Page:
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A Few Items Rolling Around My Mind…

1) Bullies Why is it that in this state—or this country in general for that matter—do we need to have violence or death in order to confront an issue? This week’s crisis: Bullies. Welcome to the real world boys and girls—bullies have been around since the dawn of time, especially in schools where being a

Housing Lost, Housing Regained, Housing Kept

Robert L. Karash Homelessness in this world isn’t going away easily despite all efforts to eradicate it as a syndrome and all sincere attempts to help people back on their feet by giving them a hand up, not a hand out. People—including politicians and social scientists—like to say “The solution to homelessness is housing.” Although

In Fear of Poverty

“The prevalent fear of poverty among the educated classes is the worst moral disease from which our civilization suffers.” When William James, ostensible father of American Psychology, penned this line over a century ago, he had embedded the idea in a discussion on religious experience, in which he also extolled the virtues of voluntary poverty.

Rain, Rain, RainBoW

Gregory Haygood Editor’s Note: The following passages are excerpts from a novella written by Gregory Haygood, which will be published under the name that appears above: Rain, Rain, Rain-BoW. The complete story will eventually be offered for purchase through sparechangenews.net. Keep watching the site and the newspaper for more information, and please contact our office

Fair Foods Two Dollar-A-Bag Program

Spare Change vendor and writer Rober Sondak has written much about nutrition, including a recent article about the Boston-based nonprofit Fair Foods (http://sparechangenews.net/news/fair-foods-fights-nutritional-insecurity). Fair Foods is a great resource for obtaining fresh produce without spend a lot of money, and it’s likely that one of their $2 bag programs is in operation in your neighborhood.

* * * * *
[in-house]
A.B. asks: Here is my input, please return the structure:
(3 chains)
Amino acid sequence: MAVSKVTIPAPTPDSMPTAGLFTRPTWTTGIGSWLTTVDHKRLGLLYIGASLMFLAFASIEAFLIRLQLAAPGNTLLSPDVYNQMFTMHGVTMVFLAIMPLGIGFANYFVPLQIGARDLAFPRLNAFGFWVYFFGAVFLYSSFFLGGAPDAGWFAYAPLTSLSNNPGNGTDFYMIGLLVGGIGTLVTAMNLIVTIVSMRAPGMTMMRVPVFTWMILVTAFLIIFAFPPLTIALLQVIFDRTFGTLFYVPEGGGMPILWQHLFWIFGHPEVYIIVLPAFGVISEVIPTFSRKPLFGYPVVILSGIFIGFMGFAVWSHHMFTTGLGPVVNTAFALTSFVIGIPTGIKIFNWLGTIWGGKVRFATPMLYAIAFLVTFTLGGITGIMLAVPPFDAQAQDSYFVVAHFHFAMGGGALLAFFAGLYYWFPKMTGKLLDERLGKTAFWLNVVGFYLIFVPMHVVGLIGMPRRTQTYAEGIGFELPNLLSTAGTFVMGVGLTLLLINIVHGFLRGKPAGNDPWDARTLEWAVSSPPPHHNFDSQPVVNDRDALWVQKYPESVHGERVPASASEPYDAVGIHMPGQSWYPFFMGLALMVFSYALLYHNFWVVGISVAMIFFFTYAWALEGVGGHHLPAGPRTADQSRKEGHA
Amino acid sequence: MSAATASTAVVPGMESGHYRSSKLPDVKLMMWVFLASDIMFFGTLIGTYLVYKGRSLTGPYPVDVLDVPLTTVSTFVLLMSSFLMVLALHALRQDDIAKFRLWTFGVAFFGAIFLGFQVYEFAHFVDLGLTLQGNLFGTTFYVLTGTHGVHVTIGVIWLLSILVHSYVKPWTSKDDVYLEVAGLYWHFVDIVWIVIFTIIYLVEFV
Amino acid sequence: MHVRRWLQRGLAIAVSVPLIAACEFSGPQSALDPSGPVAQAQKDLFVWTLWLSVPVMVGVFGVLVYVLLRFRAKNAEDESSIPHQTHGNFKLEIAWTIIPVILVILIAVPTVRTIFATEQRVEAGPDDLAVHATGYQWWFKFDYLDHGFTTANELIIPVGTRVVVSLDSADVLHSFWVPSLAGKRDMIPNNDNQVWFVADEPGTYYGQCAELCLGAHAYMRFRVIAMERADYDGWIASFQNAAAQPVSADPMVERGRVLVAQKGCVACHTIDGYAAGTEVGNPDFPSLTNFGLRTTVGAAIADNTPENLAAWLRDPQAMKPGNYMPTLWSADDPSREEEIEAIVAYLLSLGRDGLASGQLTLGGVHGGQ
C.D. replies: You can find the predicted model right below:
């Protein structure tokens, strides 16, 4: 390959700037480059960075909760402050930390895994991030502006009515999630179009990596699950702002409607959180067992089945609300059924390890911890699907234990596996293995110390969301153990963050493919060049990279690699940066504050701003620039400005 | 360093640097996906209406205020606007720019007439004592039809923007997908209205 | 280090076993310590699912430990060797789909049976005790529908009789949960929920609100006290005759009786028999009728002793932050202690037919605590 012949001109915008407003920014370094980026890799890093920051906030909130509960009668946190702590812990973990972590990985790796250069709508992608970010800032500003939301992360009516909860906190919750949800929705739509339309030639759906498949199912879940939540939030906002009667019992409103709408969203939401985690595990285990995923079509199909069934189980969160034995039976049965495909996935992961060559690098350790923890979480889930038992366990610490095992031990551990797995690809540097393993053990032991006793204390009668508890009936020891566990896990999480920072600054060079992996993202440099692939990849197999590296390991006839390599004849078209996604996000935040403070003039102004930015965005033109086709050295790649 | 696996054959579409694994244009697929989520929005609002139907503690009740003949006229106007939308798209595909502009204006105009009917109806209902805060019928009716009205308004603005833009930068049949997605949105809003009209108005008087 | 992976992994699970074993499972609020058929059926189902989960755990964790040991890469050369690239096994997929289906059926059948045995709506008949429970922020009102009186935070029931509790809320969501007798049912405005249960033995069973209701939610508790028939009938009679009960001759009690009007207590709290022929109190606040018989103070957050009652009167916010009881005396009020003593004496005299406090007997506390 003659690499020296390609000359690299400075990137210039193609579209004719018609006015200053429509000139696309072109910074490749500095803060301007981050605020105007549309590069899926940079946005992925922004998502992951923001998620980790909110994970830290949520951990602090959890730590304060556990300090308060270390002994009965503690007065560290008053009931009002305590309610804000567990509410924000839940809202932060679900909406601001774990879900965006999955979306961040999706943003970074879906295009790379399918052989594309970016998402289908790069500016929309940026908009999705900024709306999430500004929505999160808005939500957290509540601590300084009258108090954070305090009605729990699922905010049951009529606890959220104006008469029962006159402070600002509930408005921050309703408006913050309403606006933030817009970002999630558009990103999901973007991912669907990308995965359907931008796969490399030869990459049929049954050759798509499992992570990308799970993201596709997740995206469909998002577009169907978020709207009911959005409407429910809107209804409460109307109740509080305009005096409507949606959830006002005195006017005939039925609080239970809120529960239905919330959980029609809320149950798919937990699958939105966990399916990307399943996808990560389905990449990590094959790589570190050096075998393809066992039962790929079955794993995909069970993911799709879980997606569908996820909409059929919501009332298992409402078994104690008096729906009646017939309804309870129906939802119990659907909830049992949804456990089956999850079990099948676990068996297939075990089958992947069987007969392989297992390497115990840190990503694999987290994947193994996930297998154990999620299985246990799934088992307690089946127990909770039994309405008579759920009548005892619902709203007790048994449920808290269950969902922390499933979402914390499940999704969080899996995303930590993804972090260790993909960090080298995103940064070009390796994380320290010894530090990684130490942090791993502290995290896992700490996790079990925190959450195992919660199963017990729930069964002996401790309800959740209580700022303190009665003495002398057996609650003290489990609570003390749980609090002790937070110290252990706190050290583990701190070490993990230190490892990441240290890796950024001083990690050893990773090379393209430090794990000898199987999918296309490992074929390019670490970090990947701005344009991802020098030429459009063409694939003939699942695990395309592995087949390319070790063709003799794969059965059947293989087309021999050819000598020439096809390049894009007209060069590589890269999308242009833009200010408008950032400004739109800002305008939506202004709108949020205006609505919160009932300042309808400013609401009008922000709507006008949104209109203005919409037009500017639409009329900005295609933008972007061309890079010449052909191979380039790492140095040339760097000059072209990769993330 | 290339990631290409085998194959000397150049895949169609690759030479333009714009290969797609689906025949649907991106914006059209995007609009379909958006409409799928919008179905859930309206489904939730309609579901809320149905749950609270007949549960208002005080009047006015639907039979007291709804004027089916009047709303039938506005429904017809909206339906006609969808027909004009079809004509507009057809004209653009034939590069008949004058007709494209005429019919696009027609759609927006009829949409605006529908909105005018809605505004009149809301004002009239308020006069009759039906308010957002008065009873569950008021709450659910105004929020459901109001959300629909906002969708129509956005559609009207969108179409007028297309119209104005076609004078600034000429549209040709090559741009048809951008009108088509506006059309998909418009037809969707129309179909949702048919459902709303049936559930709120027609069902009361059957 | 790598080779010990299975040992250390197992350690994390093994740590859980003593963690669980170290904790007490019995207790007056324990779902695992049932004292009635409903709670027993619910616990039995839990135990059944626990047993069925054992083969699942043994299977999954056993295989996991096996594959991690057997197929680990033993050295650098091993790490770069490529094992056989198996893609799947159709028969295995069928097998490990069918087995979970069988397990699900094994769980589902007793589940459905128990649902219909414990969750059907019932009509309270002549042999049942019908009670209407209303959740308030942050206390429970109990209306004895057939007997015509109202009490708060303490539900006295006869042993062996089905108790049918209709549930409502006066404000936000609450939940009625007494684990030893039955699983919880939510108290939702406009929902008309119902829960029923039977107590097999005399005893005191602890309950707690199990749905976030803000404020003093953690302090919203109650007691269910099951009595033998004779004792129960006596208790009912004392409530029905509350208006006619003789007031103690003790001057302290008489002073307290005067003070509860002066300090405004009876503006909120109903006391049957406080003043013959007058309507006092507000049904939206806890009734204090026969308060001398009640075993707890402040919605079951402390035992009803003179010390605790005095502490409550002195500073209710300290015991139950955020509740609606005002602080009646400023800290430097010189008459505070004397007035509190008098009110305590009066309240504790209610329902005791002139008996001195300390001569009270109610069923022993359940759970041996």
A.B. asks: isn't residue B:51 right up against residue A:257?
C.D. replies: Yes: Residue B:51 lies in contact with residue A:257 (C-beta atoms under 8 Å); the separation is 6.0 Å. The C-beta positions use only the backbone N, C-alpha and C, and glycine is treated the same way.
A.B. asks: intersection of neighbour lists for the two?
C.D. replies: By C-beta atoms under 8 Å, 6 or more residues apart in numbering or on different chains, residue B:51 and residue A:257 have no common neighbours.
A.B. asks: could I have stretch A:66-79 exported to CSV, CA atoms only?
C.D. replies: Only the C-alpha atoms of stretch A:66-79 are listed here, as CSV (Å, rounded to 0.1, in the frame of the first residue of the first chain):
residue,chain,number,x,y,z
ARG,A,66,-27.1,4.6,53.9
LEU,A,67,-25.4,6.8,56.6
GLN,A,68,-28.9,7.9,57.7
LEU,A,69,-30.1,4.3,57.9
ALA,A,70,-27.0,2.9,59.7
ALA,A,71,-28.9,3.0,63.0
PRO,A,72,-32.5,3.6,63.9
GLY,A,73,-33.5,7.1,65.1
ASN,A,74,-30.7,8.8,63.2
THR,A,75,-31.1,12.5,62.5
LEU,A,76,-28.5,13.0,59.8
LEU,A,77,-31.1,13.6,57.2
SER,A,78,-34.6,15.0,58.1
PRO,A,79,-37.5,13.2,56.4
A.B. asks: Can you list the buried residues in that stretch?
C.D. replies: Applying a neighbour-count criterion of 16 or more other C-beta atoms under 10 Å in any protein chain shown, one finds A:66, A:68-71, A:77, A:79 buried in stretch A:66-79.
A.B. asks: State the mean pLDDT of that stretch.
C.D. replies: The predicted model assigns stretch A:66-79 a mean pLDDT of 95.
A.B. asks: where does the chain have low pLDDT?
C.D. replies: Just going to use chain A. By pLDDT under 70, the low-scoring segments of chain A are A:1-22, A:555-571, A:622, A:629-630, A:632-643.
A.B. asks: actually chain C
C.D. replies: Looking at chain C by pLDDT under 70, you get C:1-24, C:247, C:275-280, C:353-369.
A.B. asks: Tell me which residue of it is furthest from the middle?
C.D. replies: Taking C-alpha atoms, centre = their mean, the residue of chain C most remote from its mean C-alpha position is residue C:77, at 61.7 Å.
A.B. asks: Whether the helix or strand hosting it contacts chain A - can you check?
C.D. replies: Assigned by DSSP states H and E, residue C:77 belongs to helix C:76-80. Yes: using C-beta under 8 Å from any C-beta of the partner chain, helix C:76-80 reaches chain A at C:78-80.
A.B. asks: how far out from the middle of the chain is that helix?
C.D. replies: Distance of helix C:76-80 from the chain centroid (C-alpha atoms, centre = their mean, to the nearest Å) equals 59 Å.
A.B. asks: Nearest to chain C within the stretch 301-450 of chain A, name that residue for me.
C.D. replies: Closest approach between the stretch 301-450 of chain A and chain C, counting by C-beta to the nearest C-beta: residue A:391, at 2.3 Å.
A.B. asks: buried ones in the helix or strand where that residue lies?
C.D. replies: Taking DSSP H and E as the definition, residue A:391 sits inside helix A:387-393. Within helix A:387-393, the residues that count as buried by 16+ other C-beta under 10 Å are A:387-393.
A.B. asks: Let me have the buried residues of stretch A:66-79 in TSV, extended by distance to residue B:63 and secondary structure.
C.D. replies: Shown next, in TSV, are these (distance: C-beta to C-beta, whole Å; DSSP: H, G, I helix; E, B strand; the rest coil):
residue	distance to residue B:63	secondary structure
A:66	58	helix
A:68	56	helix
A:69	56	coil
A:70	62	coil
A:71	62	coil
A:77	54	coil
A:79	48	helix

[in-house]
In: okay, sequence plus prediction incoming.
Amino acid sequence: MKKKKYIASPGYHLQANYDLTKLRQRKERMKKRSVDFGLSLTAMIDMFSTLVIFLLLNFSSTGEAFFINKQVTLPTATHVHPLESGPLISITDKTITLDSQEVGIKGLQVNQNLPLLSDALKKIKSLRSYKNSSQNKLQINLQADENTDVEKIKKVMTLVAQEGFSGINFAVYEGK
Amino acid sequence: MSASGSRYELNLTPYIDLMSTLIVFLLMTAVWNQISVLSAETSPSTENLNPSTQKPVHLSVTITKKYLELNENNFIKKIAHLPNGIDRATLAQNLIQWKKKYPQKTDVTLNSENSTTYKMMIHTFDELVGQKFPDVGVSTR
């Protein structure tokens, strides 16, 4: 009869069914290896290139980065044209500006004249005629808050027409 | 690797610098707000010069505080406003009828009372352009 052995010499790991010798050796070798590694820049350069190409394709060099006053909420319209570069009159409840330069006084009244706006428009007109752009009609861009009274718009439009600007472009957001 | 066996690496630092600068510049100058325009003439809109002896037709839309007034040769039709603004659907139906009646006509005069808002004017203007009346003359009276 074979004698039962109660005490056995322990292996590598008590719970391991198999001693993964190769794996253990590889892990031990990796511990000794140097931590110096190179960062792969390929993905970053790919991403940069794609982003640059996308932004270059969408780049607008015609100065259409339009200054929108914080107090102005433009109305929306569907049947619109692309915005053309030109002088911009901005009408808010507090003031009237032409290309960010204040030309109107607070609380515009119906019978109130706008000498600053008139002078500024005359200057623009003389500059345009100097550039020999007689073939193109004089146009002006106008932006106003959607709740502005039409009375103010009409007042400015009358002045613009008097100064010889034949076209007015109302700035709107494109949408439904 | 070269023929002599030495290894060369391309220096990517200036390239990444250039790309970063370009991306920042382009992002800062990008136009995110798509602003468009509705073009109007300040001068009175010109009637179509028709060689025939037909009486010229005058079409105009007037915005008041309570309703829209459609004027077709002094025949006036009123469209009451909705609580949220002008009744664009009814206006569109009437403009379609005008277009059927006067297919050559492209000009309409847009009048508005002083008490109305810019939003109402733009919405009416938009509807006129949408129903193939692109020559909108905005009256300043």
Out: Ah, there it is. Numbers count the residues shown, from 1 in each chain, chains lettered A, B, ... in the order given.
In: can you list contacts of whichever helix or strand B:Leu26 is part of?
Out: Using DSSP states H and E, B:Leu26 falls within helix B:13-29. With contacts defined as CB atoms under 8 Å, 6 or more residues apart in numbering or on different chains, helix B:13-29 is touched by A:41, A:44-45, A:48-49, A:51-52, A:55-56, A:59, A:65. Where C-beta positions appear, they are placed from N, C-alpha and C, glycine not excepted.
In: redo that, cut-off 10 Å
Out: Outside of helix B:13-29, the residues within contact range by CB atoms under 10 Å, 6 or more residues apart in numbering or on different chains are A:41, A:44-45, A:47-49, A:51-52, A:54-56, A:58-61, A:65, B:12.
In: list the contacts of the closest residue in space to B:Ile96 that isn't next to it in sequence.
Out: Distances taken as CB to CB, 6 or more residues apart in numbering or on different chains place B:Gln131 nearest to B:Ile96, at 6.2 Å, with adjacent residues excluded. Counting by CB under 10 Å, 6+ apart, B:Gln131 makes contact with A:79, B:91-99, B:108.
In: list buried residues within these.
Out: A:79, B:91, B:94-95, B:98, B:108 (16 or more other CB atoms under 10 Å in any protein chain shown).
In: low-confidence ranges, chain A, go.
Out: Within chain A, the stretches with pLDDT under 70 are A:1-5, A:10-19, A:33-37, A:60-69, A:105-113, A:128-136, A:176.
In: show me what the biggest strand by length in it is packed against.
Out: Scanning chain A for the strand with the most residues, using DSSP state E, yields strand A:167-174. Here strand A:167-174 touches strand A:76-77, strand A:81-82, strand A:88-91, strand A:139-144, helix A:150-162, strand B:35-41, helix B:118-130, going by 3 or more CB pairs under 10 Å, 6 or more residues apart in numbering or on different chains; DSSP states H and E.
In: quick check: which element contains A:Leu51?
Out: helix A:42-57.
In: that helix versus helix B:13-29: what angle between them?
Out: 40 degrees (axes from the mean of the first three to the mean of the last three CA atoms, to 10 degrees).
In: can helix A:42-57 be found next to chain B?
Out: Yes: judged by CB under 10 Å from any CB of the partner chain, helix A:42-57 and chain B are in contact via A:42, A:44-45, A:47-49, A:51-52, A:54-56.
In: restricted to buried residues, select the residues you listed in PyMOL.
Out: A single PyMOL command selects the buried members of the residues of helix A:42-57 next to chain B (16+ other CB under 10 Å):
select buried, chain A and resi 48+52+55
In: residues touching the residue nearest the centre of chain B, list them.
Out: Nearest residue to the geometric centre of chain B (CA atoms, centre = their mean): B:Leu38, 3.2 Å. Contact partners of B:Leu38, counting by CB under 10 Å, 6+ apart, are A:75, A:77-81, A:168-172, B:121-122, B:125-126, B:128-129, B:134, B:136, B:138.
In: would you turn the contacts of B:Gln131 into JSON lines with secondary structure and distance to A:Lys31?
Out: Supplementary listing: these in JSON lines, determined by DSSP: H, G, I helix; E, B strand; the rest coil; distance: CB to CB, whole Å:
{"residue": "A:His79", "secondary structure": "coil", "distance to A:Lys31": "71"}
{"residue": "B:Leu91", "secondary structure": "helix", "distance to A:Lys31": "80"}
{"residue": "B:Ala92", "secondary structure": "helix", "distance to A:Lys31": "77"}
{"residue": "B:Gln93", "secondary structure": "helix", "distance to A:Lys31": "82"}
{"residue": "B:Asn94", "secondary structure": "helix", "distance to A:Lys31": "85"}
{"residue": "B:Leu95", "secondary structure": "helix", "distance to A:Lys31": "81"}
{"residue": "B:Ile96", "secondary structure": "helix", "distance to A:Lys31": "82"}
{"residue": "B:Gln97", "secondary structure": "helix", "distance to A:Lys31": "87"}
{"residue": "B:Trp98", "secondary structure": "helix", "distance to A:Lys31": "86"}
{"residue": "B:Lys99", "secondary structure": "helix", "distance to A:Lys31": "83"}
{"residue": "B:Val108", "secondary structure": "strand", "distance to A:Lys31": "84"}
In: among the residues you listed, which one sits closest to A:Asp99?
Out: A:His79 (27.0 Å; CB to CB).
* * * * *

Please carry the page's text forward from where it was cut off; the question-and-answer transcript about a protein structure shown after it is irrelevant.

Honoring February's Events Through Poetry

Poets from across the Boston area gathered at Out Of Town News in Harvard Square Friday, February 12, to celebrate Abraham Lincoln’s birthday and Black History Month. Meanwhile, the artists in attendance also remembered those who lost their lives and the many more who were displaced by last month’s devastating earthquake in Haiti. The readings,

Street Profile: Gary's Story of Triumph and Tragedy

Dear readers, I have been writing for Spare Change for about a year now, and over the time I have been lucky enough to cover a variety of different stories. From State Representative Barry R. Finegold’s bill—which would grant hate crime protections to the homeless—to Theo and Paul Epstein’s Hot Stove Cool Music, a concert

Fair Foods Fights Nutritional Insecurity

On a wintry Tuesday in January, I boarded the bus in Central Square. Half an hour later a block from Boston Medical Center and proceeded to walk west on Washington St. until I came to the Cathedral Projects housing complex. I went the next block over to the South End Salvation Army shelter and asked

Why We Still Need Black History Month

In an article by Mema Ayi and Demetrius Patterson from the Chicago Defender, the authors wrote “Actor Morgan Freeman created a small firestorm…when he told Mike Wallace of 60 Minutes that he finds Black History Month (BHM) ridiculous.” Freeman goes on to say that “Americans perpetrate racism by relegating Black history to just one month

Spare Change Honors the Legacy of Howard Zinn

“Spare Change to me is an extraordinary illustration of what homeless people can do, because they can reach out to the public and say ‘Here we are,’ and we’re intelligent and sensitive people. We’re poets; we’re writers; we’re not crazy. We’ll tell you what caused our situation and we’ll ask you to do something about

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